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It’s too late for Facebook to regulate itself: Tim Cook

With the Cambridge Analytica scandal revealing massive Facebook data misuse, Cook earlier called for more measures to ensure user data protection

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Tim cook says it is too late for Facebook to regulate itself. IANS
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  • Tim cook says it is too late for Facebook to regulate itself
  • He also says he wouldn’t be in this kind of situation
  • Facebook is under fire for leaking users’ data

Facebook should have had regulated itself long back but it’s too late for that now, Apple CEO Tim Cook has reiterated.

In an interview with Recode and MSNBC scheduled to be aired on April 6, Cook also made a harsh rebuke of Facebook CEO Mark Zuckerberg and others who use customer data to make revenues.

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Facebook allegedly leaked user’s data without their permission.

Cook said he would prefer that Facebook and others would have curbed their use of personal data to build “these detailed profiles of people… patched together from several sources”.

Also Read: Apple proposes emojis for differently-abled

“I think the best regulation isa self-regulation. However, I think we’re beyond that here,” Cook said. “The truth is, we could make a ton of money if we monetised our customer a” if our customer was our product. We’ve elected not to do that,” the Apple CEO added. On a question that what would he do if he were Zuckerberg, he said: “I wouldn’t be in this situation.”

Apple CEO Tim Cook says users’ privacy needs to be taken more seriously. Wikimedia Commons

With the Cambridge Analytica scandal revealing massive Facebook data misuse, Cook earlier called for more measures to ensure user data protection. At the annual China Development Forum in Beijing, he said: “I think that this certain situation is so dire and has become so large that probably some well-crafted regulation is necessary”. IANS

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Facebook Introduces New Tools to Protect Elections Globally

In April, Facebook CEO Mark Zuckerberg testified in front of the US Senate, saying they were too slow to spot and respond to Russian interference

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Facebook expands security tools to protect elections globally. Pixabay

In order to further secure candidates and campaign staff vulnerable to hackers and nation-state actors during the elections, Facebook has introduced additional tools to protect political campaigns in the US and around the world.

The social media giant has launched a pilot programme to expand its existing protections for users associated with US political campaigns ahead of the 2018 mid-term elections.

“Candidates for federal or statewide office, as well as staff members and representatives from federal and state political party committees, can add additional security protections to their Pages and accounts,” Nathaniel Gleicher, Head of Cybersecurity Policy at Facebook, wrote in a blog post late on Monday.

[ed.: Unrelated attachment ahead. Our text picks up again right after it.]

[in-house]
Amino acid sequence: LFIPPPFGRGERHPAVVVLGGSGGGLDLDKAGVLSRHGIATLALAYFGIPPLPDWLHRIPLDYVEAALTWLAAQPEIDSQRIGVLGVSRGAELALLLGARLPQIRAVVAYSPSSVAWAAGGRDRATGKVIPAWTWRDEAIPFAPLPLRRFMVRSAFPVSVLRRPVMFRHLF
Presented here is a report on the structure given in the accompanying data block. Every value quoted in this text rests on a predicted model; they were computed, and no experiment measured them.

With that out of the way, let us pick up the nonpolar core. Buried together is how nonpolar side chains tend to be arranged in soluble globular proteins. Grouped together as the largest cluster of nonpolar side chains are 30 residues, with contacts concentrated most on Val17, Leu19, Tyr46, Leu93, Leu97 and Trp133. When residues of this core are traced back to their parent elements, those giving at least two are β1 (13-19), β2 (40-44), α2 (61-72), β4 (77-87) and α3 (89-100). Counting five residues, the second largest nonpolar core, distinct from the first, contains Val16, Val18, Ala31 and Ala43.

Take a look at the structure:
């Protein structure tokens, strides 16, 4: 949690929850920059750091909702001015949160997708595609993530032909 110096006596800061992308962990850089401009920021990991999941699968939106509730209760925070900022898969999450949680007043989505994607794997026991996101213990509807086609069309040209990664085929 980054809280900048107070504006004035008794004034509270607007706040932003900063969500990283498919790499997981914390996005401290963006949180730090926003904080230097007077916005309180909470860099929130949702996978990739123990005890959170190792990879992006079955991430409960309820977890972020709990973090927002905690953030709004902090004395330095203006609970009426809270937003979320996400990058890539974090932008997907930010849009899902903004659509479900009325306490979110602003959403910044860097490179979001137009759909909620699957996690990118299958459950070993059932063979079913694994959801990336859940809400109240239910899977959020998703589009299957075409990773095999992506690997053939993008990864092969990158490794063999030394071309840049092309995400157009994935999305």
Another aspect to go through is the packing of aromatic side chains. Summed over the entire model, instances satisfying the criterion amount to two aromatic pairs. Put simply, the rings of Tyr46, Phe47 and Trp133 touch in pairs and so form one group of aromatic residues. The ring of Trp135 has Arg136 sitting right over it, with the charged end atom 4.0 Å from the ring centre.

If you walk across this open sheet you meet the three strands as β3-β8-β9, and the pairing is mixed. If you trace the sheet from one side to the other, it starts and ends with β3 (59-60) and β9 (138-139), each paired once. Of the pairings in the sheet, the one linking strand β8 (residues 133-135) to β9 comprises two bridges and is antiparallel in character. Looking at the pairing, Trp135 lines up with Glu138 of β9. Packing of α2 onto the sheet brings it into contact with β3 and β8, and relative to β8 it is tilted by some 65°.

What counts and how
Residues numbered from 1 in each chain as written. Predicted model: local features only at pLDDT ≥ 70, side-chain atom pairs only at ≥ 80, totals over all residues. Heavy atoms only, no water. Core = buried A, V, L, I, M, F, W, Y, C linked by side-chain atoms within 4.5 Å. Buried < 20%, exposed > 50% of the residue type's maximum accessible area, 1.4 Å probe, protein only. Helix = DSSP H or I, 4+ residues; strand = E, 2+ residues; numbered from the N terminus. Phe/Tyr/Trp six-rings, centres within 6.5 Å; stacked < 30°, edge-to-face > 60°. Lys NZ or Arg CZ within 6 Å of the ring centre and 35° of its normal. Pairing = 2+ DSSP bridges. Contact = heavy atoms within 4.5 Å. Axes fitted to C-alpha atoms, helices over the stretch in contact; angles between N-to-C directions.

“We’ll help officials adopt our strongest account security protections, like two-factor authentication, and monitor for potential hacking threats,” Gleicher added.

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Facebook App on a smartphone device. (VOA)

Over the past year, the company has invested in new technology and more people to stay ahead of bad actors who are determined to use Facebook to disrupt elections.

“This pilot programme is an addition to our existing security tools and procedures, and we will apply what we learn to other elections in the US and around the world,” said Facebook.

“As we detect abuse, we will continue to share relevant information with law enforcement and other companies so we can maximise our effectiveness,” it added.

According to a report in Download, a working paper released last week revealed a significant drop-off in the engagements 570 fake news sites received on Facebook since the 2016 US presidential elections.

“At its peak, there were 200 million monthly engagements with the sites. As of July 2018, that’s dropped to 70 million,” the report added.

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Facebook, social media. Pixabay

In April, Facebook CEO Mark Zuckerberg testified in front of the US Senate, saying they were too slow to spot and respond to Russian interference.

“Our sophistication in handling these threats is growing and improving quickly. We now have about 15,000 people working on security and content review. We’ll have more than 20,000 by the end of this year,” he told the lawmakers.

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The Facebook CEO apologised for what happened and took responsibility for everything. He also said that there is an online propaganda “arms race” with Russia and it was important to make sure no one interferes in any more elections, including in India.

“The most important thing I care about right now is making sure no one interferes in the various 2018 elections around the world,” he testified before a 44-Senator panel. (IANS)